Um, my dad, and my parents kind of tried to talk me out of it, like, Oh, you should do that as like a hobby. You should become like a lawyer. But then I was like, No, I think that I’m funny. And I want to be an actor. But then I was like, This is like the best way to do this. How I found out about the programme was like, Yeah, I was planning on going to like a theatre school. And then I went through this college notebook, or like, whatever list of courses and I saw that there was like a comedy programme. And I looked at the comedy programme and people that I really liked. There was a show in Canada, that every all the like millennials, I say this, all the millennial Canadian millennials will know this show. It’s called it was called video on trial. I don’t think you’ll have it in the UK. But it was on the show called muchmusic, which is like, which was our equivalent to like, MTV, but then we had MTV Canada, very confusing. So basically, what they would do is they would take a music video, and they would have these different comedians. And they would all like, like, basically just like, read them to film, make jokes about them. And like, as the music videos played, and that was like a really big show. And I loved it. And one of the comedians that I saw, and it was this lady named Deborah de Giovanni. So because I saw that she was there, I was like, Okay, this programme is legit. And that’s how I decided to go to that comedy programme. We’re just like, looking back, I’m just like, that is like, had I known all of the things I know now. I don’t think I would have done the programme. Because to me, seeing Deborah Shivani on video on trial, I assume that she was this rich and famous comedian and made millions of dollars a year, so successful. But what I didn’t know is that she was a Canadian comedian. And I didn’t know that the Canadian Canadian industry was very eff up. And there’s no money in it. And yeah, but now she lives in LA and she’s very successful. So, okay, so maybe, yeah,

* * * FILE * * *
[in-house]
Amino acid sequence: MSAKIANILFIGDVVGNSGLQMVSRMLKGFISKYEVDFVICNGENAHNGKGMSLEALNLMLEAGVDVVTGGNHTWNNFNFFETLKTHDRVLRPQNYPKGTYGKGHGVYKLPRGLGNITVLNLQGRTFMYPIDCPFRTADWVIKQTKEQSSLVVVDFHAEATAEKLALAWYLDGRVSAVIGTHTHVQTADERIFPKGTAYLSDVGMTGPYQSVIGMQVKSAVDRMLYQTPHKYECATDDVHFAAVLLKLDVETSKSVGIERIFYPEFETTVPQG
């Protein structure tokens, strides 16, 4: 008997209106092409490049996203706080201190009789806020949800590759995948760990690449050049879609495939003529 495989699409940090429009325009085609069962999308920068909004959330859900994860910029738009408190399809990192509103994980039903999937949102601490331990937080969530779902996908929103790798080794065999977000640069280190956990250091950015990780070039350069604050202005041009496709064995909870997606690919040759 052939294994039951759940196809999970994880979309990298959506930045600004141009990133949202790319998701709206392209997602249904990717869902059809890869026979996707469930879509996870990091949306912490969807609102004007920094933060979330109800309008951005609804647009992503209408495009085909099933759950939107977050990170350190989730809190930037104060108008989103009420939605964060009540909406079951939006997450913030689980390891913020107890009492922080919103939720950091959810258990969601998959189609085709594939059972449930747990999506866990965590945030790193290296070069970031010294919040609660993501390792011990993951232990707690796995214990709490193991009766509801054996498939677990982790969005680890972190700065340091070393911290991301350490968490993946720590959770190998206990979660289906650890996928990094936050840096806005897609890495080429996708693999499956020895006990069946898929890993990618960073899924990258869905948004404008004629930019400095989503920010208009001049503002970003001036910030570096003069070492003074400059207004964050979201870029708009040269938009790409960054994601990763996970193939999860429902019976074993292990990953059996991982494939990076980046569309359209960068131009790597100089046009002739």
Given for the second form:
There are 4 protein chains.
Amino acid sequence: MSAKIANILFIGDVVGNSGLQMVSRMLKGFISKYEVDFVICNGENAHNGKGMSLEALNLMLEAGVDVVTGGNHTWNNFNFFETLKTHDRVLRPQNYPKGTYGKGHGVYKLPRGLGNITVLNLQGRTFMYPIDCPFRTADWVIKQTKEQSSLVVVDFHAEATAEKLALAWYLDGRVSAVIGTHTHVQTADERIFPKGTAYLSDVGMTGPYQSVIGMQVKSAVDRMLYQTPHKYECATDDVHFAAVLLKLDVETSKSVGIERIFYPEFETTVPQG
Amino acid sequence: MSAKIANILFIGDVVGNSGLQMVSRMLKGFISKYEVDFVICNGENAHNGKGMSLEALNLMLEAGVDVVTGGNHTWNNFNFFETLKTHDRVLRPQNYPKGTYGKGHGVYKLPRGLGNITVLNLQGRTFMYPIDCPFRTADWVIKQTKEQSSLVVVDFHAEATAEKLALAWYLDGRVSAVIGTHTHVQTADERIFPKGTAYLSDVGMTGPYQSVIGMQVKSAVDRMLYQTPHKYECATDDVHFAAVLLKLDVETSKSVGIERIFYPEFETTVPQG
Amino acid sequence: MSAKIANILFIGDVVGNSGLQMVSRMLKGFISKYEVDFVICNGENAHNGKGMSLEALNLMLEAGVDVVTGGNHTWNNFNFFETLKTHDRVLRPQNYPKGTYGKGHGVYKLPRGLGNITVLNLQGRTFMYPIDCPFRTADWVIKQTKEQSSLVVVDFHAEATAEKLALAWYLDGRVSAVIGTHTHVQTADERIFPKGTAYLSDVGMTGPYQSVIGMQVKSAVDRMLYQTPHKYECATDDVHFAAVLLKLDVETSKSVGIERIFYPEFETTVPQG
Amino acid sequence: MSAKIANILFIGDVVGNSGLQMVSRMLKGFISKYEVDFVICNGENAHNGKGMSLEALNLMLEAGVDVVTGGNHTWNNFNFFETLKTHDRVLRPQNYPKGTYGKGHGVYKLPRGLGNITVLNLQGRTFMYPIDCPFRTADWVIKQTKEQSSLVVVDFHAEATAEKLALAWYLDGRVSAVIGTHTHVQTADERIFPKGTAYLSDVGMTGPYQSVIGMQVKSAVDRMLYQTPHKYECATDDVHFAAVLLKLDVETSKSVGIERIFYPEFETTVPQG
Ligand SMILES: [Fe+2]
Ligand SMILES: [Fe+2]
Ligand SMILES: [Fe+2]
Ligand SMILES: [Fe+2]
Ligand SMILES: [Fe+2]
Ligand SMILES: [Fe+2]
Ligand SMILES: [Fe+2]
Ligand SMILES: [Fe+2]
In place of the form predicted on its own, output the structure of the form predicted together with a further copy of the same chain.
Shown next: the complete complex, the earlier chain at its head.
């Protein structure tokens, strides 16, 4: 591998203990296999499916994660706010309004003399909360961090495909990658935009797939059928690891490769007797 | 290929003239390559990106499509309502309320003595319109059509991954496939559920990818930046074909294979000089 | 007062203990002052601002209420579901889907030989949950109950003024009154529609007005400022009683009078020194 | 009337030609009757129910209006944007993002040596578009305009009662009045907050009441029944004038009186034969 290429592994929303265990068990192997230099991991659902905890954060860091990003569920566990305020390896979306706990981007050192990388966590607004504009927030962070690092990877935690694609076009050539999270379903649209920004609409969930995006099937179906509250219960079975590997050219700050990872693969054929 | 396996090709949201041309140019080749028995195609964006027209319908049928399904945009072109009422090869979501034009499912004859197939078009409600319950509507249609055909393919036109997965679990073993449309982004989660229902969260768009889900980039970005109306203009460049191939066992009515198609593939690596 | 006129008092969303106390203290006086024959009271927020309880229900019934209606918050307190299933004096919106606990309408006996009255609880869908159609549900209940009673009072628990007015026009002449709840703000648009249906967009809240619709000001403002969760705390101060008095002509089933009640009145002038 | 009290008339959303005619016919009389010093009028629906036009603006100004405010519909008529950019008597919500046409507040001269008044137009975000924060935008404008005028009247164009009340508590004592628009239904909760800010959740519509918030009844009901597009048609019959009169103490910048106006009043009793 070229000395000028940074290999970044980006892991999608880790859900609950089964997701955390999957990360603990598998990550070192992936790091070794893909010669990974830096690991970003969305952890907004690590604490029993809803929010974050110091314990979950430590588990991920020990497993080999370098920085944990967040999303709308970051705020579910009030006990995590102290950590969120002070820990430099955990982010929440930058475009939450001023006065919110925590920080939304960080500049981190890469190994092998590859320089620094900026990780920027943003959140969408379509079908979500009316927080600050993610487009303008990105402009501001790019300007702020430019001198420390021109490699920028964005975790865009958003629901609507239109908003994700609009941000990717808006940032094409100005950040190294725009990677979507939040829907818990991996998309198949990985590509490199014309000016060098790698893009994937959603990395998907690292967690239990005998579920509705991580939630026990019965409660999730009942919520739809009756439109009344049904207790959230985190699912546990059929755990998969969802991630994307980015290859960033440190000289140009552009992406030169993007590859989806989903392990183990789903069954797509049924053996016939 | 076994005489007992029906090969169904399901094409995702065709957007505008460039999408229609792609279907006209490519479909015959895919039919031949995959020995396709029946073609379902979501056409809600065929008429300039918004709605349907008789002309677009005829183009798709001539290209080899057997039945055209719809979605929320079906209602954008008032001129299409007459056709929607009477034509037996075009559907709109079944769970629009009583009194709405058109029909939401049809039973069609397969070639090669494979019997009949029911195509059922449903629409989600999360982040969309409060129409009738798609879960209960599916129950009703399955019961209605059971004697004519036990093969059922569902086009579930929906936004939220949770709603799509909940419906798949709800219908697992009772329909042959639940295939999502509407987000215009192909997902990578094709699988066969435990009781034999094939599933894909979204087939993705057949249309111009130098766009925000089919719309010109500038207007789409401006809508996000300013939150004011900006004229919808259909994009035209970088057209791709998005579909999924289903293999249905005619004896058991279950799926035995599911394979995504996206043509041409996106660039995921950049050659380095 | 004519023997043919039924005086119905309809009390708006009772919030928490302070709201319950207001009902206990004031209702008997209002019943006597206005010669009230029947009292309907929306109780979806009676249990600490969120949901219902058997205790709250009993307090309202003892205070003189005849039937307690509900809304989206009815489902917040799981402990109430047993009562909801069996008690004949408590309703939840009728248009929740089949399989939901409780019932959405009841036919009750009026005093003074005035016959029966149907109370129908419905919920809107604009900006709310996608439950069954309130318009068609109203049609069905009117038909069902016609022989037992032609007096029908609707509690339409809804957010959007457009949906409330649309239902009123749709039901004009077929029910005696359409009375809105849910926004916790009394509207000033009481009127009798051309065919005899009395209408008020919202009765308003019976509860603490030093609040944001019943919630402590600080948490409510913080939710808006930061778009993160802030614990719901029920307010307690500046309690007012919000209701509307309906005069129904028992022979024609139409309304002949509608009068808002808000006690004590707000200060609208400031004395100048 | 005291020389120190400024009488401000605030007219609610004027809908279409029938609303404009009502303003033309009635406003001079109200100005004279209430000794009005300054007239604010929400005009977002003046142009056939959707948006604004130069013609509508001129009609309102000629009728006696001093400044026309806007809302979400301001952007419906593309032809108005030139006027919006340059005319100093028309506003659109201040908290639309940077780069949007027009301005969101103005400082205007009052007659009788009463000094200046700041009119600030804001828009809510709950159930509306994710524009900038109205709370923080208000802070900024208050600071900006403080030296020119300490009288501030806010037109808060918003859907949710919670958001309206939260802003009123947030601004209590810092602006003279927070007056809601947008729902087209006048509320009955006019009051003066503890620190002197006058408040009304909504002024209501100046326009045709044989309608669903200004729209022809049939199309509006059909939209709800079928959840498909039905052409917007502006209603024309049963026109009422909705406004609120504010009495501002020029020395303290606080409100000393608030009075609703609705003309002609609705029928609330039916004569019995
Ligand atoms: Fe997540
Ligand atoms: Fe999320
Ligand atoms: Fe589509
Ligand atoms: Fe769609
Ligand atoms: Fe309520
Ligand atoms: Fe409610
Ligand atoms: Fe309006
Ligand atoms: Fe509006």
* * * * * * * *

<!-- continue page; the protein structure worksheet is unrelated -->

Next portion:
K Anderson  12:40

so maybe there is. But so you went through this process, and you like, honed your skills, and you were like, ready to take on the world. And that’s when you went to slacks for the first time.

Brandon Ash Mohammed  12:51

That was like, yeah, it was like, as I had graduated, what happened? Was this my friend, I met this girl, Natalie, Natalie Norman is like now who at the time didn’t really know that well, but I met her at open mic in the summer of 2011. And I guess she had known that I was gay. And

K Anderson  13:11

she listened going,